Reagent testing

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Reagent testing is one of the processes used to identify substances contained within a pill, usually illicit substances. With the increased prevalence of drugs being available in their pure forms, the terms "drug checking" or "pill testing"[1] may also be used, although these terms usually refer to testing with a wider variety of techniques covered by drug checking.

This short GIF provides clear and easy to follow instructions on how to use a drug checking kit

Reagent testing notes[edit]

A test is done by taking a small scraping from a pill and placing it in the reagent testing liquid or dropping the reagent onto the scraping.[2] The liquid will change colour when reacting with different chemicals to indicate the presence of certain substances.

Testing with a reagent kit does not indicate the pill is safe. While the testing process does show some particular substances are present, it may not show a harmful substance that is also present and unaccounted for by the testing process. Some substances that cause strong colour changes can also mask the presence of other substances that cause weaker colour changes. Thin layer chromatography is used with reagent testing to separate substances before testing and prevent this "masking" effect.[3]

Ehrlich reagent can only detect drugs with an indole moiety, but this is useful because drugs from the NBOMe class do not have an indole and are often sold as LSD which does. The Ehrlich reagent has an additional benefit over other reagents in that it does not react with the paper on which LSD is often distributed.

Reagent tests are often limited to target specific chemicals, and when these substances are mis-sold it is usually by substitution of a different substance in the same chemical family, rendering the test unuseful for consumers. However, reagent tests for chemicals families also exist.

Lacing agents are often used to cut the weight of substances. Some of the most available and non-suspicious cutting agents are reducing sugars: The common dietary monosaccharides galactose, glucose and fructose are all reducing sugars. Sugar is the generic name for sucrose, a disaccharide composed of glucose and fructose.


As reagent testing has become more popular, vendors have begun to offer a greater range of tests. This increases the likelihood that a substance might have a unique profile of results, making the tests more useful.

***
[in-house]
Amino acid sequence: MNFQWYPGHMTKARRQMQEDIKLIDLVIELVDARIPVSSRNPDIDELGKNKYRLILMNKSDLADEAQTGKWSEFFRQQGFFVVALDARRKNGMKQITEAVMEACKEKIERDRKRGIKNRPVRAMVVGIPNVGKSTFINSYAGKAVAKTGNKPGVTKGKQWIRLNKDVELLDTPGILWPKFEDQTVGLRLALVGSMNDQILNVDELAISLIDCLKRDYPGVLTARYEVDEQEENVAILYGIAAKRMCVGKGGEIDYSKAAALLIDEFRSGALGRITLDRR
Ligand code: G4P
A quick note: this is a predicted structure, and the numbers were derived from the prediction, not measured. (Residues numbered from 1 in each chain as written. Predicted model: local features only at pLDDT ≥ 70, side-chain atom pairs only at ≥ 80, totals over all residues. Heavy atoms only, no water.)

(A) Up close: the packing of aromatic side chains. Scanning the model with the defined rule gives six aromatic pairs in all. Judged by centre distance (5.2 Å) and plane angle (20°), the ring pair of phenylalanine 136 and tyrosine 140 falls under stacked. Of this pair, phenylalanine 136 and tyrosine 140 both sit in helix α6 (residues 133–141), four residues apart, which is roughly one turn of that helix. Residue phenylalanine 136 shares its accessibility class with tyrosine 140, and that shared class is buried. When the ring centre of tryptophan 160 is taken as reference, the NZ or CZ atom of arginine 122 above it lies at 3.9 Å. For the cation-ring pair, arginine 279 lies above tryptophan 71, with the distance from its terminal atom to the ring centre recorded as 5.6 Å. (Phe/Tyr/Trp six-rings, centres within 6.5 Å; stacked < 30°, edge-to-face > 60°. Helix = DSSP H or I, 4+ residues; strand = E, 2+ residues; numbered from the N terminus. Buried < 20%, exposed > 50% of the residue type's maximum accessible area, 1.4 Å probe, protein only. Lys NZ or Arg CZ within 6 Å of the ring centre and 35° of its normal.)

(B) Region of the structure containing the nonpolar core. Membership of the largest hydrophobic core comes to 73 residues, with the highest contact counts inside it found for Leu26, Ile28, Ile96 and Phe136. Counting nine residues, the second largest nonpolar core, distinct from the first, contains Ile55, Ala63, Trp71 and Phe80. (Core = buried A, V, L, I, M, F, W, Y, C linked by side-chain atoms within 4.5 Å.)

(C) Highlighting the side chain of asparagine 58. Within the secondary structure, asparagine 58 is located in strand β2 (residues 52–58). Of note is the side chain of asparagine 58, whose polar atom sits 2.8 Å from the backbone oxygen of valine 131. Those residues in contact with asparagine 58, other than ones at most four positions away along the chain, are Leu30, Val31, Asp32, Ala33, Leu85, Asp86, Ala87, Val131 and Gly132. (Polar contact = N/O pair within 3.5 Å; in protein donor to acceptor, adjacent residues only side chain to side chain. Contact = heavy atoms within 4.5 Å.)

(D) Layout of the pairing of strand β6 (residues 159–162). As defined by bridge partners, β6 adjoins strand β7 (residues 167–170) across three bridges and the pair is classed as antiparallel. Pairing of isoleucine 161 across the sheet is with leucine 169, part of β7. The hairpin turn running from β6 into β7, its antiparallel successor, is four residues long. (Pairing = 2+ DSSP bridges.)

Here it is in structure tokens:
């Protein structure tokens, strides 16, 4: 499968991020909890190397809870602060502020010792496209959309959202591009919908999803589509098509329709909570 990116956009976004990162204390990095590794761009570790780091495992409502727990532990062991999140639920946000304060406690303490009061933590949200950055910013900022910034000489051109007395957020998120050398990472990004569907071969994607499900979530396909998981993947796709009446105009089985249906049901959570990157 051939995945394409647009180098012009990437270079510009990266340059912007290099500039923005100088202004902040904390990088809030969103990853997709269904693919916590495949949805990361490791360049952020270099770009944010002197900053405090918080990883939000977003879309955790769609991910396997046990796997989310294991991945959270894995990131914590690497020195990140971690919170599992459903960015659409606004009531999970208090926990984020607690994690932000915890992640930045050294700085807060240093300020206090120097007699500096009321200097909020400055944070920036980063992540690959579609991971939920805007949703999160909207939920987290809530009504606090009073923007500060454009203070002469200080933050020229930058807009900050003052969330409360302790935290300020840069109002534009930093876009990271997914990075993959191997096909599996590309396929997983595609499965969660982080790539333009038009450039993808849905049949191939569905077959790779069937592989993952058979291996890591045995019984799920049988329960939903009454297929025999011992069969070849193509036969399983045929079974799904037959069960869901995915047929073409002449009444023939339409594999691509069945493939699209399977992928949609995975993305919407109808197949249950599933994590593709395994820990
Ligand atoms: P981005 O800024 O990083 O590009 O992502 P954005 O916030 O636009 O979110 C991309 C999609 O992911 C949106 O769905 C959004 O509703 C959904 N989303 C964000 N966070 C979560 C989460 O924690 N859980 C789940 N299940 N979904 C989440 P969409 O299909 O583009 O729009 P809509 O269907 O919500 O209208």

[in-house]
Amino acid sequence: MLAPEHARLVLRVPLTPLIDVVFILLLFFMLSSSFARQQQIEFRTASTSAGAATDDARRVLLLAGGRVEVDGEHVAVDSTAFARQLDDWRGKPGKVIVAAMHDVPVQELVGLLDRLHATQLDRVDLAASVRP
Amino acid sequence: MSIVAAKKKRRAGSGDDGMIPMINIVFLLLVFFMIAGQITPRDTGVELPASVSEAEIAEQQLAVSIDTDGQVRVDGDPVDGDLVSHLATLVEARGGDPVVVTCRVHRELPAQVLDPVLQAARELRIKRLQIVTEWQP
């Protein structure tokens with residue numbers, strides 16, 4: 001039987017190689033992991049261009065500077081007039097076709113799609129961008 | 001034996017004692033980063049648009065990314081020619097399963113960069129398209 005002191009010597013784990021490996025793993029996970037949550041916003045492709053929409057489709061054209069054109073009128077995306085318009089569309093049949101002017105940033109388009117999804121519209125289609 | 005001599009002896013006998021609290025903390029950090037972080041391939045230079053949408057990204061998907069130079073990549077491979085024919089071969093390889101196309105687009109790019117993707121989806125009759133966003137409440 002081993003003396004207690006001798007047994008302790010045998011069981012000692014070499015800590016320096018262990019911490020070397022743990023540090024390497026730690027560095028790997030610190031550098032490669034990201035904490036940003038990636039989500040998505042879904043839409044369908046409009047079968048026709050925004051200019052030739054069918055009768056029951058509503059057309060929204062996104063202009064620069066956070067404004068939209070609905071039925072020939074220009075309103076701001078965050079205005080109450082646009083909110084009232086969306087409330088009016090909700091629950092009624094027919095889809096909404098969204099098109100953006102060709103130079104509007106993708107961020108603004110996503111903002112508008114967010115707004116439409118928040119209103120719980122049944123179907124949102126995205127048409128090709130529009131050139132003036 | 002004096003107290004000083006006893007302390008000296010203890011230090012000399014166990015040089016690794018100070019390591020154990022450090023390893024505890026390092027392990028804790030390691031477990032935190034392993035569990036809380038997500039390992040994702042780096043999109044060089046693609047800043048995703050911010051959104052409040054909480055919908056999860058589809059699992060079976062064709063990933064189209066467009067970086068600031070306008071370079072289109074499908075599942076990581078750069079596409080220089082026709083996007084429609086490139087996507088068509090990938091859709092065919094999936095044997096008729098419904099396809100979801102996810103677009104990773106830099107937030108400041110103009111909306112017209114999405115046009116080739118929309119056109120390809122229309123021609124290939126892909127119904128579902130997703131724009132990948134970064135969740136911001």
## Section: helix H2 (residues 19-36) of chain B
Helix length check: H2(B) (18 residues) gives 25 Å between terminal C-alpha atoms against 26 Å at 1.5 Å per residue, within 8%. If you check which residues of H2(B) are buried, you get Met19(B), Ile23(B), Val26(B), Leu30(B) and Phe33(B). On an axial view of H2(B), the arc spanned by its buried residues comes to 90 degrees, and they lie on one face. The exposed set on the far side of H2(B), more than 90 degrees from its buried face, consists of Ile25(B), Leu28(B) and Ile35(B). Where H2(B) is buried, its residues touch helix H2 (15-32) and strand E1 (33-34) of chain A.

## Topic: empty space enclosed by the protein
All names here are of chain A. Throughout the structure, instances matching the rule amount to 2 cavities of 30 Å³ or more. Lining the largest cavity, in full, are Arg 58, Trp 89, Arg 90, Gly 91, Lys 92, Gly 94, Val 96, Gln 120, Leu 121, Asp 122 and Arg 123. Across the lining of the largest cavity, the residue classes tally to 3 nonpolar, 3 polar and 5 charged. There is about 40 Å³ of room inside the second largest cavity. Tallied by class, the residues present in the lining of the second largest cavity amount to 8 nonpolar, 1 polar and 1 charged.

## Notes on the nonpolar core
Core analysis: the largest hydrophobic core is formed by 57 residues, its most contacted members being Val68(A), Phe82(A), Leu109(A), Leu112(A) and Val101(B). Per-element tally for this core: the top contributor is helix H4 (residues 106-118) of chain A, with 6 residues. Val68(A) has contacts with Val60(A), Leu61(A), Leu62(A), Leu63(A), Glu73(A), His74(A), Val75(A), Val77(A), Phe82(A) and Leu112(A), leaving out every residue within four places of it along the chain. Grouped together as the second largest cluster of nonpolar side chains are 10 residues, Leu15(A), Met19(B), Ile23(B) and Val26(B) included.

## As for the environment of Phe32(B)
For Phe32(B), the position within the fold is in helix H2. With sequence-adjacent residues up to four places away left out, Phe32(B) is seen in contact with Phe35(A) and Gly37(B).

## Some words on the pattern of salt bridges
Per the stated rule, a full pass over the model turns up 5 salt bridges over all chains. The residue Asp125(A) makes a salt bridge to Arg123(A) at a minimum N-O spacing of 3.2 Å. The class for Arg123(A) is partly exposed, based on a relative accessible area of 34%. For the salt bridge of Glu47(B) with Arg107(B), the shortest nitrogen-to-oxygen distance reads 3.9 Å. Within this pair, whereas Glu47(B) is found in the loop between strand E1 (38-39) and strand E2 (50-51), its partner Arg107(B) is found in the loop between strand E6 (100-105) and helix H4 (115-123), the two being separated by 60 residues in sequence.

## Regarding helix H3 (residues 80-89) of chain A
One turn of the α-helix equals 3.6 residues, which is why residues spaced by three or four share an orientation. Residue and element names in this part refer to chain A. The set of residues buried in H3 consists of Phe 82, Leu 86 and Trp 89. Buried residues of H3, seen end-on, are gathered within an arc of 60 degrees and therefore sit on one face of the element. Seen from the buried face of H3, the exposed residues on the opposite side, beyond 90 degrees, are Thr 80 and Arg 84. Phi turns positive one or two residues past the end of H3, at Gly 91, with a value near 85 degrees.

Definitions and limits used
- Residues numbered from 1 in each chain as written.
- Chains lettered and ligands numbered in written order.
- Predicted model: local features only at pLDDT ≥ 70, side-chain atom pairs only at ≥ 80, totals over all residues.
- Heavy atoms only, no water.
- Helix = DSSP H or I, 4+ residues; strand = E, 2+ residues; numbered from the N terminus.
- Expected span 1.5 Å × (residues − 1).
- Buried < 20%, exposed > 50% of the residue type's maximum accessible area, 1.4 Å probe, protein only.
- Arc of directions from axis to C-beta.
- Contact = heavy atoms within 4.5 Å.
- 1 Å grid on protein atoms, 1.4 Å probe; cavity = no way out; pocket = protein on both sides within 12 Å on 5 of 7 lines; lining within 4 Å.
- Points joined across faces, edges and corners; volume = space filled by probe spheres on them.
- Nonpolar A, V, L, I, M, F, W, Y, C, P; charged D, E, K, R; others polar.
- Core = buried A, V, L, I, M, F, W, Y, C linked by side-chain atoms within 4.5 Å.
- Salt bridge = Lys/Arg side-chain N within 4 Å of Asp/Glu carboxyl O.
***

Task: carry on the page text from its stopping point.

Other reagents are discussed in scientific literature, but limited applications mean they may not be sold for consumer testing.

The National Institute of Justice provides information about "Color Test Reagents/Kits for Preliminary Identification of Drugs of Abuse" in NIJ Standard–0604.01.[4]

Several products are in early phases of development that are intended to allow their users to covertly detect (without using droppers, etc.) date-rape drugs, for instance reusable straws with components that change color in the presence of GHB, Rohypnol, or ketamine – see Date rape drug § Detection.


White on White blotters used to carry LSD (WoW)

Results will vary depending on sample adulteration, quantity, temperature, lighting, exposure to air, storage, as well as reagent quality and degradation. Colorimetric techniques have been developed.[5]

If more than one bottle are open at the same time and the cap are put on the wrong reagent bottle, this may cross-contaminate the reagents and ruin them.

According to a 2003 research published in Pharmacotherapy, neither the Marquis, Mecke, nor Simon's reagents should be used by the public for harm reduction purposes. These agents do not help identify pure MDMA tablets. The research team suggests using gas chromatography-mass spectrometry as the most sensitive and specific testing method for identifying MDMA and its contaminants[6] but this is out of reach for users in most countries and reagent tests remain popular, often distributed by harm-reduction organisations due to their low cost and high utility when multiple test reagents are used.[7][8][9]